Ovarian cysts can be difficult to diagnose since they may not actually have any recognizable symptoms, but when symptoms do occur some of the most common are irregular menstruation, abdominal pain, and digestive issues, particularly intestinal cramps and painful bowel movements. Cysts are often very small at first and they aren’t often noticeable until they start causing problems. As they grow, they can put pressure on the uterus, abdomen, and intestinal tract, and if they rupture it’s often a medical emergency. Some symptoms of rupture include debilitating stomach pain, shortness of breath, dizziness, and loss of consciousness. In some cases cyst symptoms can also look like the symptoms of other conditions, particularly ectopic pregnancy and appendicitis, both of which are very serious. For this reason, anyone who is concerned about the possibility of cysts is usually advised to get prompt medical help in order to rule out these or other conditions, as well as to set up a treatment plan.
Problems With Menstruation
One of the most common ovarian cyst symptoms is an irregular menstrual cycle. Cysts on the ovaries can impact ovulation as well as the body’s reaction to ovulation, which can alter the cycle of a woman’s uterine bleeding. Many women with irregular periods can find some relief with hormone-based medication, but this won’t usually work when cysts are to blame since cysts are fluid-filled growths that don’t usually respond to fluctuating chemical signals.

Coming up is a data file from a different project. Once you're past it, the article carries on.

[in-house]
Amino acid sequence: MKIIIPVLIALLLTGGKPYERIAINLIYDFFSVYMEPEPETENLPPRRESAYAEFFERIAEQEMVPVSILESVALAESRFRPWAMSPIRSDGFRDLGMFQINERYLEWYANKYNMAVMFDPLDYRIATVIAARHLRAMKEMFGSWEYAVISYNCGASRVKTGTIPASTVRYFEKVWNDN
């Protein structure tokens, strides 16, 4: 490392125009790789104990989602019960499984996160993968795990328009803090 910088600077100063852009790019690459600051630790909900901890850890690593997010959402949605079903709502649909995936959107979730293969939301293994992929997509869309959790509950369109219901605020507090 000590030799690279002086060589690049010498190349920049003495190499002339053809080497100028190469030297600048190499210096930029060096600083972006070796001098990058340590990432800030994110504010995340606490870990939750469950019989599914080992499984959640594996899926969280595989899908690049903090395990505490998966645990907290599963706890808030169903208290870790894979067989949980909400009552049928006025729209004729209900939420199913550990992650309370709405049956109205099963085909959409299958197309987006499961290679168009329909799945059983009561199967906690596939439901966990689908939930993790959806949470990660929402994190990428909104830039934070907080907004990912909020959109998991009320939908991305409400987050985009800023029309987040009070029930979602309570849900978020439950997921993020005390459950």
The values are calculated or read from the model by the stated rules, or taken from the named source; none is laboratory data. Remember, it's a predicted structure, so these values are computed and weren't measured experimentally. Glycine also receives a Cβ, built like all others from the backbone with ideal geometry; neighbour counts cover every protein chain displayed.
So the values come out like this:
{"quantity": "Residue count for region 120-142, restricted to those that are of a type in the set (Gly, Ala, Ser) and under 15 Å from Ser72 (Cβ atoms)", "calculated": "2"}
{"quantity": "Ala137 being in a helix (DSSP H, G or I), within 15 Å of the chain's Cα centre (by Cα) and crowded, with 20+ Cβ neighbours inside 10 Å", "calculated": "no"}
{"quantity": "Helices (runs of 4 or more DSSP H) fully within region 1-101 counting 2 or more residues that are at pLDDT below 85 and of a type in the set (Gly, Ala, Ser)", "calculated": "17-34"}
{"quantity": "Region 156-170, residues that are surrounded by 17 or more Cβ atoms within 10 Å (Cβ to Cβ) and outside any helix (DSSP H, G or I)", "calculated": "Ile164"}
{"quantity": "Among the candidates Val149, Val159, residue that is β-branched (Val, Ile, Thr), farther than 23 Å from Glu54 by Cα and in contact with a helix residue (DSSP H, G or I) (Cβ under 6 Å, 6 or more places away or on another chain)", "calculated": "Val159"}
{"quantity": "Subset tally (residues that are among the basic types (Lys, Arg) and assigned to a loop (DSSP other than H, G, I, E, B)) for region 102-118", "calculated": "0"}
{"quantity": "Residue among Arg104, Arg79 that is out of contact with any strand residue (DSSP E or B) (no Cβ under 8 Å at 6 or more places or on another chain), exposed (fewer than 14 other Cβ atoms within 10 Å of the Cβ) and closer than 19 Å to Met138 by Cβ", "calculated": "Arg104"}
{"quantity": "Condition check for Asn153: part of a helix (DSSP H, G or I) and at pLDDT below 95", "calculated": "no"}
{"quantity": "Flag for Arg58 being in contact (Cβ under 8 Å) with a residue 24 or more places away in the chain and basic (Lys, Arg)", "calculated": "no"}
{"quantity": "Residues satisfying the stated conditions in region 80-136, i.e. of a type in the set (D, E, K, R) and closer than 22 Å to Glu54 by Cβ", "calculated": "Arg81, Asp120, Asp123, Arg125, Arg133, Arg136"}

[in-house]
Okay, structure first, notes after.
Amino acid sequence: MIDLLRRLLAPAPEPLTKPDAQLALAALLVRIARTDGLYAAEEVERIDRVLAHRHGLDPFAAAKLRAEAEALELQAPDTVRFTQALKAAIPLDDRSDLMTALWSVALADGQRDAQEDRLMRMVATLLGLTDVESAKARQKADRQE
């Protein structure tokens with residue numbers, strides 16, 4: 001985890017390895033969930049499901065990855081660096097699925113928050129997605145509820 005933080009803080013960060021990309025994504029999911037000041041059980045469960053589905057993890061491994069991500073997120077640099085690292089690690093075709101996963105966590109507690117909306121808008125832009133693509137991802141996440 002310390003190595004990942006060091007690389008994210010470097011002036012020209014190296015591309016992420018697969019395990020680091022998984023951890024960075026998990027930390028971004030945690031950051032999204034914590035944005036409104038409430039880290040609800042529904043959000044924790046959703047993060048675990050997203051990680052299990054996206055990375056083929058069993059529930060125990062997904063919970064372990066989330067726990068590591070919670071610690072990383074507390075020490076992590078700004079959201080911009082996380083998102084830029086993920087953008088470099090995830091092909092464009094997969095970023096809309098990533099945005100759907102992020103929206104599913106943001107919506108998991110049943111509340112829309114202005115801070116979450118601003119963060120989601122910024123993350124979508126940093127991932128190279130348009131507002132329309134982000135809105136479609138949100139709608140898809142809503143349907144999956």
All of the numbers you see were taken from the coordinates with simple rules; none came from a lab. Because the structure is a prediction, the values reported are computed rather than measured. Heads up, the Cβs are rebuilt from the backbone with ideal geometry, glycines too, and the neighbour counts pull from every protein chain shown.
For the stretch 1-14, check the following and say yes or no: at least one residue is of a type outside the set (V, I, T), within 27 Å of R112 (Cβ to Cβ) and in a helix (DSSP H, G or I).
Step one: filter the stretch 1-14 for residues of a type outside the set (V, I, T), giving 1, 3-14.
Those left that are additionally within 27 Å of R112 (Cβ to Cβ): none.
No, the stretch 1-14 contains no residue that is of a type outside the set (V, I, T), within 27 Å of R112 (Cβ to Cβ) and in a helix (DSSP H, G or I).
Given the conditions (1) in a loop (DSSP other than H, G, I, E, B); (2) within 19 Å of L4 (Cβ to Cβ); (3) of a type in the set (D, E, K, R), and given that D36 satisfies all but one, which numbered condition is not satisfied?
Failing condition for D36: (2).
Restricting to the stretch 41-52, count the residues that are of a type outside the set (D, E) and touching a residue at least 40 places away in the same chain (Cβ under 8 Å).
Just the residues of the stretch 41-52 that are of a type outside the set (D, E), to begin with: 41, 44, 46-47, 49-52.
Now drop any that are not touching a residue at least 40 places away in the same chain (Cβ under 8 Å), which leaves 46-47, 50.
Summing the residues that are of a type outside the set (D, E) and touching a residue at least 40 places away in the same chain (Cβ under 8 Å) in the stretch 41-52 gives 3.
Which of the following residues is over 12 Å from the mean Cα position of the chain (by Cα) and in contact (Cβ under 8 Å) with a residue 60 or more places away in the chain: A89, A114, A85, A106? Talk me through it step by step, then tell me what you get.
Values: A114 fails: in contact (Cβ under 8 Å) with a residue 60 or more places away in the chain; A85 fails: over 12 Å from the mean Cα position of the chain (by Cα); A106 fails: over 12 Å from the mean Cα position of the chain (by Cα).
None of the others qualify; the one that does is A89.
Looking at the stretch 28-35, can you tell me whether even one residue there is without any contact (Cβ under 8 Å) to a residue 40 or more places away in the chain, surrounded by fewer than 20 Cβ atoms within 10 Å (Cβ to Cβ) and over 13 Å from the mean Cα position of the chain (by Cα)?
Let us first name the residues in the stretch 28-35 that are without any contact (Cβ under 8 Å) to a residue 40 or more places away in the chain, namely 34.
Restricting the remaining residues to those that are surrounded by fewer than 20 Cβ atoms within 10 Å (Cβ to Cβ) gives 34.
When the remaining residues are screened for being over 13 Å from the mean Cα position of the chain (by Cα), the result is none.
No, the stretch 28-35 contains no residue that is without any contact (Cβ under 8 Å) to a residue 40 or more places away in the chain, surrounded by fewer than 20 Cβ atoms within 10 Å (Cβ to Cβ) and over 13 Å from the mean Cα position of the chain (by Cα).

As the cysts grow, they may also begin putting pressure on the fallopian tubes and the uterus. This can cause a woman to feel cramps in her lower abdomen, and she may also feel more generalized stomach pain. This pain is frequently described as radiating out of the lower abdomen, and often tends to come and go somewhat sporadically.
Depending on where they cysts are they can also cause a range of digestive problems. Bloating, gas, and difficulty passing stool tend to be among the most common. These are primarily caused when the cysts are large enough to put pressure on the intestines, which typically sit just behind the female reproductive system. As with pain, these sorts of symptoms tend to come and go and can depend on a lot of factors, including swelling, inflammation, and cyst size.
Symptoms of Rupture
If a cyst ruptures the problem is often a lot more serious. On their own, most ovarian growths aren’t necessarily problematic, particularly if they’re small. Things get more complicated when they break, as they can then spill fluid into the reproductive tract and dramatically increase the risk of hemorrhage and infection. Both conditions can be life threatening. Symptoms of potential rupture include severe pain in the abdomen, which may be accompanied by vomiting or nausea and fever. A feeling of weakness or being lightheaded and difficulty breathing is also common, and a person’s skin may be cold or clammy.
Most medical professionals recommend that anyone who suspects the presence of ovarian cysts, or who otherwise notices abnormal shifts in health or well-being in the abdominal and intestinal region, get help to rule out potentially serious conditions. Ectopic pregnancy, which is when a fertilized egg becomes lodged in the fallopian tube rather than in the uterus, is one of the most serious conditions that can be mistaken for a cyst; appendicitis, which is a swelling of the appendix, is another. Pelvic inflammatory disease and some ovarian cancers can also start out looking like cysts, at least in the beginning.
For the most part, ovarian cyst symptoms aren't usually considered dangerous or even problematic on their own. Many women live with small growths for many years without even realizing it, and are able to manage the periodic discomfort. When there is a risk of rupture or when the cysts are otherwise casing extraordinary pain, though, treatment is usually necessary. Sometimes certain medications can reduce swelling, but it’s more common for problematic growths to be removed surgically. This process tends to be invasive so is often used as a last resort.